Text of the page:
It was deliberate... it caused the defendants to burn time and money.
Under Federal Rule of Civil Procedure 8(a)(2), a complaint is only required to have "a short and plain statement of the claim showing that the pleader is entitled to relief." Prior to 2007, this had been interpreted by the U.S. Supreme Court to mean that the complaint would only fail if, on its face, the pleader could prove no set of facts that would entitle him to relief.
In 2007, the Supreme Court tightened up these standards in the two cases Judge Pechman referenced in her ruling. Now, to comply with Rule 8, a pleader must allege enough specific facts in support of his claim so that relief is more than speculative. In other words, "Staples, you infringed my patent, you bastards!" no longer cuts the mustard.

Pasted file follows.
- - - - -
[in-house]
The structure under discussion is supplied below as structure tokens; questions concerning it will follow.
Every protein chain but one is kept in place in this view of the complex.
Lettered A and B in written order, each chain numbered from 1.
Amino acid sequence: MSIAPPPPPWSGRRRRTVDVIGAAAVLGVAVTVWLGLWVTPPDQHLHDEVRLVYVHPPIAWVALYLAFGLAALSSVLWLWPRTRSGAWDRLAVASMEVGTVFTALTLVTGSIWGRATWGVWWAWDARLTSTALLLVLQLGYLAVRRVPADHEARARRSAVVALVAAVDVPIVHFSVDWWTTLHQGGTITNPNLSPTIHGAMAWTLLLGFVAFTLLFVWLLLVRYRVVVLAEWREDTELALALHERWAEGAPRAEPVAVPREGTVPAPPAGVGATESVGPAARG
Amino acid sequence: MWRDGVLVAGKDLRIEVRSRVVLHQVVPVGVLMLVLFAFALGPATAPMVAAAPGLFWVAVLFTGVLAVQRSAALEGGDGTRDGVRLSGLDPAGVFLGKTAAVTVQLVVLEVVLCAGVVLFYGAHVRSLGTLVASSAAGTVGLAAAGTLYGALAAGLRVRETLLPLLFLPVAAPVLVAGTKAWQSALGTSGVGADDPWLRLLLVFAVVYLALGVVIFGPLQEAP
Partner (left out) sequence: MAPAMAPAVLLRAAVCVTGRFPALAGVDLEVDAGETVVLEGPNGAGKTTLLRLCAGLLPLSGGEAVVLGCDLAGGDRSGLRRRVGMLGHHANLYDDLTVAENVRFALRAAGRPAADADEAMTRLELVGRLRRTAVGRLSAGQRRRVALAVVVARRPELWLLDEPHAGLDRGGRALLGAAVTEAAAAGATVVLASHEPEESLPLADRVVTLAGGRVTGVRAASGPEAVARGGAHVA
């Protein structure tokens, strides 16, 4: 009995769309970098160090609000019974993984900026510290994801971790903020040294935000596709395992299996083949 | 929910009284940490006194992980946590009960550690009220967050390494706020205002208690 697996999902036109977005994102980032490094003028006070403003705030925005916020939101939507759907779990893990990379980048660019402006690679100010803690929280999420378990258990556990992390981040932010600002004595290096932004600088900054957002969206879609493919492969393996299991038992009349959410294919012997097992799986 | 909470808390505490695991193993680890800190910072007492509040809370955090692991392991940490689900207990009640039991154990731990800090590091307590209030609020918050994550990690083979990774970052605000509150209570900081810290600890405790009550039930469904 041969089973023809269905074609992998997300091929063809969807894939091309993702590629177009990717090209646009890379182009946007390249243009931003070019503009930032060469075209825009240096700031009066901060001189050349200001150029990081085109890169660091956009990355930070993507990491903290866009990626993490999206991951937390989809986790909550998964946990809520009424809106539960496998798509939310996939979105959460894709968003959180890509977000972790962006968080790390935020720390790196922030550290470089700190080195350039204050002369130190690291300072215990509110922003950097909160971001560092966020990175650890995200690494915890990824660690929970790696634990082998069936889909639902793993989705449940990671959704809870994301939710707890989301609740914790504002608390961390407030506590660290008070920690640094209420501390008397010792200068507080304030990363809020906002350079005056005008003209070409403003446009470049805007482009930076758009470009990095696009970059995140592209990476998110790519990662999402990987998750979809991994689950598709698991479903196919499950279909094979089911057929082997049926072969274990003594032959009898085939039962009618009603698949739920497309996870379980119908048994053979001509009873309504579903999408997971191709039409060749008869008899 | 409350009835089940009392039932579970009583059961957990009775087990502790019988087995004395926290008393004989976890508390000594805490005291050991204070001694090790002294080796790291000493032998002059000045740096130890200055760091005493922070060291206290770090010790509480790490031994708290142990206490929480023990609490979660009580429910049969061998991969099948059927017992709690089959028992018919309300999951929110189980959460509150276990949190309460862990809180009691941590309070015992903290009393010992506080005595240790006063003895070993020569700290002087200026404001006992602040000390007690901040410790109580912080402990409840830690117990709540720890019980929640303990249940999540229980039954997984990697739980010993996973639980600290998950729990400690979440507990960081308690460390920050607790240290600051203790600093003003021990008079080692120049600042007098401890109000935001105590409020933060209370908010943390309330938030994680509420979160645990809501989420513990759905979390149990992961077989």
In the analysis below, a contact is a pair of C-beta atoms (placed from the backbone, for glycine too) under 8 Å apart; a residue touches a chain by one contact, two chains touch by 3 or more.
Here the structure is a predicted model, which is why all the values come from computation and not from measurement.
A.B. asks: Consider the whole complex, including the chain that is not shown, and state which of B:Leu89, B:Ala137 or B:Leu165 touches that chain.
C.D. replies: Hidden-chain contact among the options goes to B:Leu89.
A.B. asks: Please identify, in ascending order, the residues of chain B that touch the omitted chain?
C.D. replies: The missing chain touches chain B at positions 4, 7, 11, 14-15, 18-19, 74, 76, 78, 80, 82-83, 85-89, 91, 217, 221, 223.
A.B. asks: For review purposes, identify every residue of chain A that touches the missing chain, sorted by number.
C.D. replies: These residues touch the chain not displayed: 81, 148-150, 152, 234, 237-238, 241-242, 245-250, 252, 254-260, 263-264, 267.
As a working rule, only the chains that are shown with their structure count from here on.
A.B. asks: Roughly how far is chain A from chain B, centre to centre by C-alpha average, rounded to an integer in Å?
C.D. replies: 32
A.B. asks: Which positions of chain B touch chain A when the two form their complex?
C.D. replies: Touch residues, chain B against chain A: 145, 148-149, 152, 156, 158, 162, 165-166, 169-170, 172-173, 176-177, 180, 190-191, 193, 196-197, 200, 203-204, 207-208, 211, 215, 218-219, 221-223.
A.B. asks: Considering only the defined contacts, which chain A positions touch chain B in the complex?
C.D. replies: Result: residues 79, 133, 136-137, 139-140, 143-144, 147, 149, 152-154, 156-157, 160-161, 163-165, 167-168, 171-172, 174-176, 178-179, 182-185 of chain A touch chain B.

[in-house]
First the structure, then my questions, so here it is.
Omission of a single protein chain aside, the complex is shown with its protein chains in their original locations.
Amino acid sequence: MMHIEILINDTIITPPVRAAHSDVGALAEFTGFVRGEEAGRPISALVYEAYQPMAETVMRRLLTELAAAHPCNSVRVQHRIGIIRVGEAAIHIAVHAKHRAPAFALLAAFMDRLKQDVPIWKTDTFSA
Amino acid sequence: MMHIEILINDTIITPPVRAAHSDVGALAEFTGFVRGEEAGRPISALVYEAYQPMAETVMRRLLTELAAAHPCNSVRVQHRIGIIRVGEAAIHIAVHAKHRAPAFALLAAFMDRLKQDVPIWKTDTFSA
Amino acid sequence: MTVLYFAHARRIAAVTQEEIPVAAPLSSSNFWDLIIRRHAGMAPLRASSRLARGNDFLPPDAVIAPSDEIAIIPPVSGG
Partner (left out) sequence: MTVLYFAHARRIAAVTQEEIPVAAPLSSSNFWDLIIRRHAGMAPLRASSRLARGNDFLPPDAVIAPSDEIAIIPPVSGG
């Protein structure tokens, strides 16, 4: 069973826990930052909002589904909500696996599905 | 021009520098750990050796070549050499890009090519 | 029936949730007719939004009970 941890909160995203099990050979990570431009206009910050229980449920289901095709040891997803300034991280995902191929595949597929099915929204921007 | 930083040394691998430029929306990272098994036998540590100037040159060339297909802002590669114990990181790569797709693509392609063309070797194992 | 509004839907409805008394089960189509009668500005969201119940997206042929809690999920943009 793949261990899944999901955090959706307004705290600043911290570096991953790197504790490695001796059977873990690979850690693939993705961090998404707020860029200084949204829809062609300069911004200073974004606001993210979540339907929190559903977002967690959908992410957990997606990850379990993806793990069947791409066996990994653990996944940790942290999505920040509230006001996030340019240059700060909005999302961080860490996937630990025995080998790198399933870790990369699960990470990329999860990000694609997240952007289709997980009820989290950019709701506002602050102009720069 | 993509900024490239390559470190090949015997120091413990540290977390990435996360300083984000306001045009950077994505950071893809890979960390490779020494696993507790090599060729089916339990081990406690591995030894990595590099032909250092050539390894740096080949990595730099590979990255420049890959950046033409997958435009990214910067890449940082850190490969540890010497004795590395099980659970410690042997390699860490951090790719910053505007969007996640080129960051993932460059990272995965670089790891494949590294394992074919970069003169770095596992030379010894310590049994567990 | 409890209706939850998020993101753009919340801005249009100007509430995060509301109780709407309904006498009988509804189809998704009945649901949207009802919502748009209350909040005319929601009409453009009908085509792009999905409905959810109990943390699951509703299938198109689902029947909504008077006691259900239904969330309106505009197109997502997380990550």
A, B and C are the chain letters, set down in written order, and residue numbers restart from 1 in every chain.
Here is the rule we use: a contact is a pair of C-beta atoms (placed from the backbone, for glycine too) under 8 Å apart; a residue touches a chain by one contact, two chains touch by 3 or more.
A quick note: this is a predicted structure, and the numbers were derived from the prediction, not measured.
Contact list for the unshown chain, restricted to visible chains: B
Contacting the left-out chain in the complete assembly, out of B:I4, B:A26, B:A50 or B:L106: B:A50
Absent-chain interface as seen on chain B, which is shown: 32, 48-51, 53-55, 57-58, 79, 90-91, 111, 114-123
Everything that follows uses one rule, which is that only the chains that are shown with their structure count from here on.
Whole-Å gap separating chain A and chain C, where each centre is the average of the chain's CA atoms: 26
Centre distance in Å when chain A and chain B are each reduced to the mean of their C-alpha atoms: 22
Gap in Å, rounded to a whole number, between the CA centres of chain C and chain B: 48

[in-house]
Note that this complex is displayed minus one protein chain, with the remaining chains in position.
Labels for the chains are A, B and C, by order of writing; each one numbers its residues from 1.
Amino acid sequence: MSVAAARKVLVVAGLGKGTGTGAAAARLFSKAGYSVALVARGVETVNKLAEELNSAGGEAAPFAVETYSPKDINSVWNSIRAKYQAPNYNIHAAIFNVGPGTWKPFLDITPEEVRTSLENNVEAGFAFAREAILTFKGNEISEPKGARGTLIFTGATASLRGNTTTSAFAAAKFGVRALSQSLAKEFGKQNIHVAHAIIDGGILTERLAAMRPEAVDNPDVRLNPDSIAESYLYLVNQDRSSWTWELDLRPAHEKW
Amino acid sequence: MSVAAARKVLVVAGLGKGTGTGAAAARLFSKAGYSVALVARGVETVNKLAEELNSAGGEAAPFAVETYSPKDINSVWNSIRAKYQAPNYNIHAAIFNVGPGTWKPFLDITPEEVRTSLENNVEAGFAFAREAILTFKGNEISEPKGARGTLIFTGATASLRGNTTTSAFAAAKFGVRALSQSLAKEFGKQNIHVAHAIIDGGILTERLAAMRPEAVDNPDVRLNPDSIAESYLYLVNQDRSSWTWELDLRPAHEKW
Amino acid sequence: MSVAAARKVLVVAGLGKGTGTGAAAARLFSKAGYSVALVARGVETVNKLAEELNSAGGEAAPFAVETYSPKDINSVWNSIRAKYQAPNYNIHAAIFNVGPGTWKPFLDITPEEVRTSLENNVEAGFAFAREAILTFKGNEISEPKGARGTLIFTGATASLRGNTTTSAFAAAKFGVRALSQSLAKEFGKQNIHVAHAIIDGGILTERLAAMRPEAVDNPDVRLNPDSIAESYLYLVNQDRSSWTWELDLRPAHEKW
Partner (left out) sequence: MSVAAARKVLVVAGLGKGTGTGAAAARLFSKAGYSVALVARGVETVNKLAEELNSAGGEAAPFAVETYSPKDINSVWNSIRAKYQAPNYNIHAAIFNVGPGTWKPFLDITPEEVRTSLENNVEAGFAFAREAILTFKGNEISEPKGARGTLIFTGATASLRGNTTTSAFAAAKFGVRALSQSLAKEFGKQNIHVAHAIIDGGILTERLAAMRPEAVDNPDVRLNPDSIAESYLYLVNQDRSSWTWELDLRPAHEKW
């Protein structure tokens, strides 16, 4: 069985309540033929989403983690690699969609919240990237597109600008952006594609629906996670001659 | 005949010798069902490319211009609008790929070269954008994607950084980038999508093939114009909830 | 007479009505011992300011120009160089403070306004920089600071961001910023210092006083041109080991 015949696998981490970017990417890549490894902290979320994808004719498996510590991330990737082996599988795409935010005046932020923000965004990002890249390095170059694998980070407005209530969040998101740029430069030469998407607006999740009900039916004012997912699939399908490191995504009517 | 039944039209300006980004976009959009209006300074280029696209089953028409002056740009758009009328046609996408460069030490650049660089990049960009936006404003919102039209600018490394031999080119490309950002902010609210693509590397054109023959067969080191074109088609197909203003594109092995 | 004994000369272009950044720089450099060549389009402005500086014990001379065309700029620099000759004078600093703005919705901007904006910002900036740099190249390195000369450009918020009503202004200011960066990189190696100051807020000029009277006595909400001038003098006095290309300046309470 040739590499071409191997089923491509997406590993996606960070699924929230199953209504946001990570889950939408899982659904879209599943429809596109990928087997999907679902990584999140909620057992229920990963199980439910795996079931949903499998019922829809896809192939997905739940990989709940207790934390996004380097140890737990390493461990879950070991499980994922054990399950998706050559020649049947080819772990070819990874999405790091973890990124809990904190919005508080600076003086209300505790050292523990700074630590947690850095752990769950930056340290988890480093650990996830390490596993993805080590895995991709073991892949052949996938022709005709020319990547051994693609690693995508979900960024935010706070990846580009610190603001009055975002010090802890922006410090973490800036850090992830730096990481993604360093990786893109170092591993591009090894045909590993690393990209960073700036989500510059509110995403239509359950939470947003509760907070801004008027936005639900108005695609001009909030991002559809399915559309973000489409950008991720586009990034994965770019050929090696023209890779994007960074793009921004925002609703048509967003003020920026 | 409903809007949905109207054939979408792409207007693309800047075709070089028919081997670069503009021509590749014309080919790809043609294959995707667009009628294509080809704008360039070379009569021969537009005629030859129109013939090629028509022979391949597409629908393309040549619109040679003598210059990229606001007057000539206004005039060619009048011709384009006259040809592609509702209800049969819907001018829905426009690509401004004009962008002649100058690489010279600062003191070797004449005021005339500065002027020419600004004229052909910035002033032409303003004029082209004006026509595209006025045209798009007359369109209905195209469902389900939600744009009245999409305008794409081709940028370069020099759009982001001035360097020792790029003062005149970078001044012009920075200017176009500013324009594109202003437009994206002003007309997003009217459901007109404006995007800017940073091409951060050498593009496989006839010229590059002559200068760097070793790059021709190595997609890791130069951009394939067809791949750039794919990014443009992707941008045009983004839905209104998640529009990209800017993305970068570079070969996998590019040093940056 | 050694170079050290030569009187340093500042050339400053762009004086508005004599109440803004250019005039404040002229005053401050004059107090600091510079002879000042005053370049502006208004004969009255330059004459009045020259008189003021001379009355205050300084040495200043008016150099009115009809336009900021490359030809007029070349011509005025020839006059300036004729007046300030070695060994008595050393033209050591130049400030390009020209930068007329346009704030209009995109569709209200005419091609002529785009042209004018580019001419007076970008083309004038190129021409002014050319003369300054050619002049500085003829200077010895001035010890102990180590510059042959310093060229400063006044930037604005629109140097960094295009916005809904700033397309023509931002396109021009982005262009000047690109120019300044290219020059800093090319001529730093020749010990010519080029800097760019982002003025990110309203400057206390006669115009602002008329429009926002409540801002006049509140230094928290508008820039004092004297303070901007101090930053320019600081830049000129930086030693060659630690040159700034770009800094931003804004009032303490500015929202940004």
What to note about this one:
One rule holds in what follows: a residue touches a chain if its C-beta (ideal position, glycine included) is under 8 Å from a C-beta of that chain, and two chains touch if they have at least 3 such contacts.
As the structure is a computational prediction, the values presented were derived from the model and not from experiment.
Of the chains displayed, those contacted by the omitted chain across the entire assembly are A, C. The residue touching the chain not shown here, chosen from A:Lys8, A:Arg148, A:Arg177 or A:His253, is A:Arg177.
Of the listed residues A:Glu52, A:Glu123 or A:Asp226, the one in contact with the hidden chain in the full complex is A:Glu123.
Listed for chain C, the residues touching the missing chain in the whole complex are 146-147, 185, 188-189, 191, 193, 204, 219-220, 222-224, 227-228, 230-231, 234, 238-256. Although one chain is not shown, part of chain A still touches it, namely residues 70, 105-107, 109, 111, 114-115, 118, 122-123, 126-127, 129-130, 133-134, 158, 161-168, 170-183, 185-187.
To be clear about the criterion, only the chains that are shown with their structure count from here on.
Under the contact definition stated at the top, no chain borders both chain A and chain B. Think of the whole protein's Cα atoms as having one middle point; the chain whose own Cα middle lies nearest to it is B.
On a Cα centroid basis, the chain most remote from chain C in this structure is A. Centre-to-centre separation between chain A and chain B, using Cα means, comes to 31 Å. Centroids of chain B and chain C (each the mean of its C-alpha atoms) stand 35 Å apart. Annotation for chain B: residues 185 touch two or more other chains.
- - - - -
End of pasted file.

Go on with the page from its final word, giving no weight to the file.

Prior to 2007, though, the type of boilerplate pleading that Paul Allen's lawyers submitted was just fine. They continued to get away with it until, as now, someone decided to call them out on it. The suggestion probably came from a summer associate who mentioned, "argue Twombly and Iqbal" in passing to his boss.
Just doing my part to correct some of the rampant legal illiteracy on /.